Violence in schools across the country has led to the hiring of more school resource officers, who need specific training to handle a variety of situations in a school environment.
"First and foremost, it is security on the campus," said Rutherford County Sheriff's Capt. Barry Hendrixson.
The Rutherford County School District uses 57 SROs, and they have been in training this week to prepare for the first day of class.
Among their tasks, these former law enforcement officers have practiced clearing rooms and filing reports in dangerous situations.
"They're the sheriff in their own community. When you are talking from 600 to 700 kids, all the way up to 2,100 or 2,200 kids, it's a pretty demanding job," Hendrixson said.
Rutherford County schools were the first in the state with an SRO program, and they have been recognized nationally several times over the past 20 years for their work.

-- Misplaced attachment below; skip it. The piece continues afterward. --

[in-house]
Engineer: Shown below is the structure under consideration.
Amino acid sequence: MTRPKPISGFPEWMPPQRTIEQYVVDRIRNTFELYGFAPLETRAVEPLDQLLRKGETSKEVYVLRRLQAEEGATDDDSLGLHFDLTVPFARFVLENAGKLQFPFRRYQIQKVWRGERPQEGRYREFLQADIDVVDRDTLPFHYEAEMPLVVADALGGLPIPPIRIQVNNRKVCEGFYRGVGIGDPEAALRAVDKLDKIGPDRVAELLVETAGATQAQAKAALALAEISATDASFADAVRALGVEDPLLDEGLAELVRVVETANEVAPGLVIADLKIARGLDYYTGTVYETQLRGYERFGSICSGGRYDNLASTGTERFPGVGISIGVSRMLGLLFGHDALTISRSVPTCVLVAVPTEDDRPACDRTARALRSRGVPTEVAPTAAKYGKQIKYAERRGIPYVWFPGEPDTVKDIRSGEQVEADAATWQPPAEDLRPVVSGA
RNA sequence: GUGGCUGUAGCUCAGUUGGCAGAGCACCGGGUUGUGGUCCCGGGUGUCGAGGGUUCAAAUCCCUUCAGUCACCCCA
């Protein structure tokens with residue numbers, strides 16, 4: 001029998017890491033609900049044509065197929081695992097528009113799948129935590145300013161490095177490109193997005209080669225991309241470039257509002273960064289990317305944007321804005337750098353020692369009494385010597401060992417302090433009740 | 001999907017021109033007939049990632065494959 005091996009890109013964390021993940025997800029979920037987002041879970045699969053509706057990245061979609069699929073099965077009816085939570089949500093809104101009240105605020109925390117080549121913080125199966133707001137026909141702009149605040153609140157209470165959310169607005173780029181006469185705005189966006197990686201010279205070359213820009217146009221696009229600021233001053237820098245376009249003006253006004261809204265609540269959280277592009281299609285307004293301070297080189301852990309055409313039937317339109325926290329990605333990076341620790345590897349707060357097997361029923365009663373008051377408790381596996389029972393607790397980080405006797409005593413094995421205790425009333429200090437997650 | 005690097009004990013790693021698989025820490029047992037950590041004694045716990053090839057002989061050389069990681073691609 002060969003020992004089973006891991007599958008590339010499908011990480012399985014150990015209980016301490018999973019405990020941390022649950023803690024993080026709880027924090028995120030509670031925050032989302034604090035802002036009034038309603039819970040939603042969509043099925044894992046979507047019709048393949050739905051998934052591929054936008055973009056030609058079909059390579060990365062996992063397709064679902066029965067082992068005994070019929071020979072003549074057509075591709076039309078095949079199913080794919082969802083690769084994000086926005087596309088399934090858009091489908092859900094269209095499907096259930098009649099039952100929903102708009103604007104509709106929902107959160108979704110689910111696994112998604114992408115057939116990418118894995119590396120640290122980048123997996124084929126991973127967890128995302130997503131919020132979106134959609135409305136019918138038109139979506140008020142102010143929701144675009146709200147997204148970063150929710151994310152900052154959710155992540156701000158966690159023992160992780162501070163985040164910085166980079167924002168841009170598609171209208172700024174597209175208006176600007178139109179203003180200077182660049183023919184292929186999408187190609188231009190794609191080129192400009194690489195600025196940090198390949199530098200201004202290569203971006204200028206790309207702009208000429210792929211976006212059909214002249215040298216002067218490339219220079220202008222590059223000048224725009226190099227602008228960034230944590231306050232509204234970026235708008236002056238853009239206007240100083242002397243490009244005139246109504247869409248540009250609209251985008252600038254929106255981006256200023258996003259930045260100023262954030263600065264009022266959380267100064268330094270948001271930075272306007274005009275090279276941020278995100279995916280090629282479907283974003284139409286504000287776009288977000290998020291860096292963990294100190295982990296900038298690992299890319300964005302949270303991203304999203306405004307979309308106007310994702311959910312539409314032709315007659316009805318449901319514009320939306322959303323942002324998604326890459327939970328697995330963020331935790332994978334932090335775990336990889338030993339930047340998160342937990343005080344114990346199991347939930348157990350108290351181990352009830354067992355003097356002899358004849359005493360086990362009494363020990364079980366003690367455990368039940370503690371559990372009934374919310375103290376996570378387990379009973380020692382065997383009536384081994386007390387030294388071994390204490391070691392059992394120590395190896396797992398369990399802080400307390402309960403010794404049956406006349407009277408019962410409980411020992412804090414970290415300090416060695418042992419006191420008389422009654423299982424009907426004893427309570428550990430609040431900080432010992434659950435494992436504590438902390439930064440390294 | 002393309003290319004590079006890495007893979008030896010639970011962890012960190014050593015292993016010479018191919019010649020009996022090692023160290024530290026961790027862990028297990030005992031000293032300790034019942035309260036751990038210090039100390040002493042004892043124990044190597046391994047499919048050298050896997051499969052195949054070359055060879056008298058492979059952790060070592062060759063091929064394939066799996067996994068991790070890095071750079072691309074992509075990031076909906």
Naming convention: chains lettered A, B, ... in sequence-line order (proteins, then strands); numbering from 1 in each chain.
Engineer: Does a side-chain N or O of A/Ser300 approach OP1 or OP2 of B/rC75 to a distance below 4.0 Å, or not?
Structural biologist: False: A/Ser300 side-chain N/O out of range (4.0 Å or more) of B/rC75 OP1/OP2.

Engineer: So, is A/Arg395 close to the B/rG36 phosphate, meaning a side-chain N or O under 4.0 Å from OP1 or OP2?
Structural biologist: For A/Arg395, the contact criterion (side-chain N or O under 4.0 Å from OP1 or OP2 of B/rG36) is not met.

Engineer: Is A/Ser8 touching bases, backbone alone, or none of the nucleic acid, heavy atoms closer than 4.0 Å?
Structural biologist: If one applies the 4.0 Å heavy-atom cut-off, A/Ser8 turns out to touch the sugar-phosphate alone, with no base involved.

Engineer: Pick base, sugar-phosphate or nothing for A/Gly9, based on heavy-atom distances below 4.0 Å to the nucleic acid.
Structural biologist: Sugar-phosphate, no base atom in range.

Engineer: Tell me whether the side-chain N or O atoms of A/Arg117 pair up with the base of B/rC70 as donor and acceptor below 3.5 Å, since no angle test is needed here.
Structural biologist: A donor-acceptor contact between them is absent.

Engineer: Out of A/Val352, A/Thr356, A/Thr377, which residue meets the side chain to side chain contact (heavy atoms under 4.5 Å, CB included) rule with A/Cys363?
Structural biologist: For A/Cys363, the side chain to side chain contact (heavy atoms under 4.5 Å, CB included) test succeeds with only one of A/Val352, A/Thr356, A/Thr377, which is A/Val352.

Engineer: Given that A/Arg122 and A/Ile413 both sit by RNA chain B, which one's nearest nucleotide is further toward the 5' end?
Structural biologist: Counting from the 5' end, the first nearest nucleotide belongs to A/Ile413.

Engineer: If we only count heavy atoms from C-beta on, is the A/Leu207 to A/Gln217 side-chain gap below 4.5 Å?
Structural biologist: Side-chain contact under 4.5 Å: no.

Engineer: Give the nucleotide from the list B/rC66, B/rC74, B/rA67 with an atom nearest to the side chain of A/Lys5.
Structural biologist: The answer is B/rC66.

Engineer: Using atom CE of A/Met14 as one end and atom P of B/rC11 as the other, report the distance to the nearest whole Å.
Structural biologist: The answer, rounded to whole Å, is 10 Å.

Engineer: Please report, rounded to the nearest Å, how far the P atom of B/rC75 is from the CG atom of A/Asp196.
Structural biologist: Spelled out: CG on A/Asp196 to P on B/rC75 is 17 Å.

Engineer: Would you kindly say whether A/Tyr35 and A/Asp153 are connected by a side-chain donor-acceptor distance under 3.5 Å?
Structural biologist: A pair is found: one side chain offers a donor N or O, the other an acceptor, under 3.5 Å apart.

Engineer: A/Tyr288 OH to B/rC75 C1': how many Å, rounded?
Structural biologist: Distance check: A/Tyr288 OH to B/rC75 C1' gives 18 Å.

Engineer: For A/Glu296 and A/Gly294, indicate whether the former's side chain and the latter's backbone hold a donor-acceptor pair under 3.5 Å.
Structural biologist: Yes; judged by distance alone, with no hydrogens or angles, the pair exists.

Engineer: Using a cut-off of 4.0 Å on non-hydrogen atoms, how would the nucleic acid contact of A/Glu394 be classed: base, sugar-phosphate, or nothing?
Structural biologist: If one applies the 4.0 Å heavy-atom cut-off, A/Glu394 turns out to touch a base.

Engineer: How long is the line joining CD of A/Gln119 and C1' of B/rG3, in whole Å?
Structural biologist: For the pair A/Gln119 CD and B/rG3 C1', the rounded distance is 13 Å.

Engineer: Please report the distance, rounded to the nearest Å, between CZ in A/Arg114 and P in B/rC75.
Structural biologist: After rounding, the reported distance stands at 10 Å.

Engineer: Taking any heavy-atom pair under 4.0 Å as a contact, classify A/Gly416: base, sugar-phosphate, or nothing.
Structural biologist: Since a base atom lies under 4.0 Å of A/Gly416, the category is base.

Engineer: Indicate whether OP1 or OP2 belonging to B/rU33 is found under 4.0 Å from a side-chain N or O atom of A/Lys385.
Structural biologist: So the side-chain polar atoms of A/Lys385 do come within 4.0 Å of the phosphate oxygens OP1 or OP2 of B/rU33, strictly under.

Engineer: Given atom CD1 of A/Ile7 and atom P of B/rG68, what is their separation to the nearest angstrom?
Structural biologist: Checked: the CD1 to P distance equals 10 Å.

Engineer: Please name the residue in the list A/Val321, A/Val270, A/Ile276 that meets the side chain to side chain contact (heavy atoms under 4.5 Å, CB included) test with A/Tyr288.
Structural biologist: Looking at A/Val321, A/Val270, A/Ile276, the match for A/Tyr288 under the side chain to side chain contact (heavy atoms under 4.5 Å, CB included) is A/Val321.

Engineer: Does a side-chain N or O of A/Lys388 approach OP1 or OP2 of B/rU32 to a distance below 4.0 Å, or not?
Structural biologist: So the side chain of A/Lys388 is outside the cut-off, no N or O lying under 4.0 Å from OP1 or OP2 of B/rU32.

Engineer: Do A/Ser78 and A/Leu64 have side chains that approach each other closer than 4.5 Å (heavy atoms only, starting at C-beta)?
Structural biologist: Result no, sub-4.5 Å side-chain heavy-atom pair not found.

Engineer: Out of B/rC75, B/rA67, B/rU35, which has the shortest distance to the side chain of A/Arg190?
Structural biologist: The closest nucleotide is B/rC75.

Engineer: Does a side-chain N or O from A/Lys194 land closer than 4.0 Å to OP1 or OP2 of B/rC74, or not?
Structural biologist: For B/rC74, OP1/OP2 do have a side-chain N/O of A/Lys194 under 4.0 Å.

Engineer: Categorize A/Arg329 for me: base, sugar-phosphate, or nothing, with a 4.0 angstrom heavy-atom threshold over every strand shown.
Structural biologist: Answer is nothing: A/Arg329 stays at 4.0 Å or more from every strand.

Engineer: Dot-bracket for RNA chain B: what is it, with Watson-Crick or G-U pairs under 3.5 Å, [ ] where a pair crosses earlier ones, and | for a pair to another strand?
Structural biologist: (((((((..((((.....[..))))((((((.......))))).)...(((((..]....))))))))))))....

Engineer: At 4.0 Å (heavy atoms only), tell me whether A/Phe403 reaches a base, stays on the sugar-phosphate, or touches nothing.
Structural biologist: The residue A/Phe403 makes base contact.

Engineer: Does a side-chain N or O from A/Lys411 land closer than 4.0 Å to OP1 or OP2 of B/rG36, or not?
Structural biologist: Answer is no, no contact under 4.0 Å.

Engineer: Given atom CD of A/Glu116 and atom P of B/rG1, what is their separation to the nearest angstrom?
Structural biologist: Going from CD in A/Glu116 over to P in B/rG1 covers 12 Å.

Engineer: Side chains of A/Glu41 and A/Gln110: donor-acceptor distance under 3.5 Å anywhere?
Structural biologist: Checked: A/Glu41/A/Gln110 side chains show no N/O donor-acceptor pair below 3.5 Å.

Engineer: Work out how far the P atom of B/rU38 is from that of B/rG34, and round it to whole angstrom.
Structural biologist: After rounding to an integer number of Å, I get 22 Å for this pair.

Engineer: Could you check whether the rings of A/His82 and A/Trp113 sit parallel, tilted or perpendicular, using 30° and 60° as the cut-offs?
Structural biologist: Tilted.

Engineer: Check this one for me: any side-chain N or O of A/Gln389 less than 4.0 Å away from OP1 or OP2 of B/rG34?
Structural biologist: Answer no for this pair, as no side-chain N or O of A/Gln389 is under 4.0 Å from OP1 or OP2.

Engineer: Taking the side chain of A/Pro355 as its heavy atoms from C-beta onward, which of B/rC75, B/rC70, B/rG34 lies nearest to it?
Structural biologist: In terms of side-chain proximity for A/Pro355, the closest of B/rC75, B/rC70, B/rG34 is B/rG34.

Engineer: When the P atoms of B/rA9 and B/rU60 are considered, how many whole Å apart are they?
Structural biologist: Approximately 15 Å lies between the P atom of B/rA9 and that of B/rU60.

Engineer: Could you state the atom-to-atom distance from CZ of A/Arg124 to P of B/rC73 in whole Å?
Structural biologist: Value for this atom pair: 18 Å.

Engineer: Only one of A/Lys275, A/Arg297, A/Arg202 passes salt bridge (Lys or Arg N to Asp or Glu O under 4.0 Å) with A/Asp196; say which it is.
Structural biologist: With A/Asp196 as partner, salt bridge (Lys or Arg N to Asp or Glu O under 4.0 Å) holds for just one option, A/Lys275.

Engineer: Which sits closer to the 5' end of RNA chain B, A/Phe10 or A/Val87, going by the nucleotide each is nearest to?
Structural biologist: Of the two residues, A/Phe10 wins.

A property tax increase is paying for an SRO to be at every school in the district this school year. David Crim will be at Oakland High and has kept students safe through two bomb threats over the years.
"The most important thing an SRO does is develop a relationship with the students in the building," Crim said.
"Young people tend not to think before they act. And we try to get with them, talk with them about the severity of different actions they take," said Rutherford County SRO George Brown.
The SROs will teach safety programs and patrol halls throughout the school day, so they are spending this week learning about the buildings inside and out to keep the kids safe.
And the beginning of class will not be the end of training for the SROs. They will still be heading to the firing range, attending drill practice and meeting with faculty throughout the year, just to give parents a little peace of mind.
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